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# How can I graph this equation using x and y intercepts?

Topic: How to write and graph equations of lines
June 15, 2019 / By Lauryn
Question: 2x + 5y = 0 ----------------------------------- Let x = 0 2(0) + 5y = 0 5y = 0 y=0 y intercept = (0,0) ---------------------------- Let y = 0 2x + 5(0) = 0 2x = 0 x = 0 x intercept = (0,0) --------------------------------------... In order to graph a line, I need two different coordinates of the line. So what do I do?

## Best Answers: How can I graph this equation using x and y intercepts?

Originally Answered: How can I graph this equation using x and y intercepts?
The distance d between two points (x1, y1) and (x2, y2) is d = √[(x2 – x1)^2 + (y2 – y1)^2] Let (x,y) be a point on the graph of the function y = x^2. Use the distance formula to write an expression for the distance d between (x,y) and (3,0). [To do this I will replace x2 and y2 with x and y, and I’ll replace x1 and y1 with 3 and 0.] d = √[(x2 – x1)^2 + (y2 – y1)^2] d = √[(x – 3)^2 + (y – 0)^2] d = √[(x – 3)^2 + (y )^2] -----> simplify (y – 0) to y Now replace y with x^2 (since the function says y = x^2) and simplify. d = √[(x – 3)^2 + (x^2 )^2] d = √[(x – 3)^2 + (x )^4] d = √[(x ^2 - 6x + 9+ x^4] d = √[(x ^4 + x^2 - 6x + 9]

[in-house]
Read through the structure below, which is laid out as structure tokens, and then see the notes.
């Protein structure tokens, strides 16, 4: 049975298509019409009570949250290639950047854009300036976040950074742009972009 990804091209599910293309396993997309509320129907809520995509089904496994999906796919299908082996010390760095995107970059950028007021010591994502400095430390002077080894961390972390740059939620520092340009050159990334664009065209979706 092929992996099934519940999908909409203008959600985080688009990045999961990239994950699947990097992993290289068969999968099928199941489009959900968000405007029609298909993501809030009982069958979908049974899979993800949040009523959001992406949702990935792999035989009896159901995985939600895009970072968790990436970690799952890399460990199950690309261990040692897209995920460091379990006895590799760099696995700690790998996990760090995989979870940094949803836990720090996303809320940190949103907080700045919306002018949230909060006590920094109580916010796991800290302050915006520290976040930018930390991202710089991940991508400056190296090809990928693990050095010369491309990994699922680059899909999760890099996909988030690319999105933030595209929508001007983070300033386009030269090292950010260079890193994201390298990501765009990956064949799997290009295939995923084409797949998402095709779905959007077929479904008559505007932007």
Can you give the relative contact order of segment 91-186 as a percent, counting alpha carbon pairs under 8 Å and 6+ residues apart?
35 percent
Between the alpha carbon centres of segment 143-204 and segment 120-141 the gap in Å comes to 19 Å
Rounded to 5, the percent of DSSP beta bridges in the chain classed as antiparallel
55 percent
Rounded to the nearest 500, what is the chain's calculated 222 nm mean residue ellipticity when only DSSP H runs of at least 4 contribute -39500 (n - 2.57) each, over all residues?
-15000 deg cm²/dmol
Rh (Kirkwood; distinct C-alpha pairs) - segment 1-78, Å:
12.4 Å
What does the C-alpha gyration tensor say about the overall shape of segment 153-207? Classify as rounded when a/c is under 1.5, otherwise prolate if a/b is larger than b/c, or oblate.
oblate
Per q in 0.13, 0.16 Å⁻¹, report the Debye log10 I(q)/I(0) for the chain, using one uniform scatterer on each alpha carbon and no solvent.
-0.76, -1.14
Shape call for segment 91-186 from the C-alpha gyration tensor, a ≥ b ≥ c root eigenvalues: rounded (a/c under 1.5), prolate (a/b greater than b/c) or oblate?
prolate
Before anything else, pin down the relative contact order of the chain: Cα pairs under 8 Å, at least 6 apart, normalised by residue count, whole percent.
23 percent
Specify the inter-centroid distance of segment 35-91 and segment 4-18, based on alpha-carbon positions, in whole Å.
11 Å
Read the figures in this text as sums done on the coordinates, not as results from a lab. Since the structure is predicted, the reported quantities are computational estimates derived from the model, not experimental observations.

Originally Answered: How can I graph this equation using x and y intercepts?
This is a tricky question. The distance formula is given by the following equation: d = sqrt[ (x2 - x1)^2 + (y2 - y1)^2 ] We want to know the distance from any point on the curve y = x^2 to the point (3,0). You need everything in the distance formula in terms of x, so in essence x2 remains as "x" in the domain of y = x^2 and x1 refers to the x-coordinate of your point, namely x1 = 3. y2 remains as "y=x^2" in the range and therefore y1 = 0 as in the point given. With all of that in mind you simply put in the information and begin simplifying: d = sqrt[ (x - 3)^2 + (x^2 - 0)^2] = sqrt[ x^2 -6x + 9 + x^4] so d(x) = sqrt[x^4 + x^2 - 6x + 9]<-----------------This is your function.

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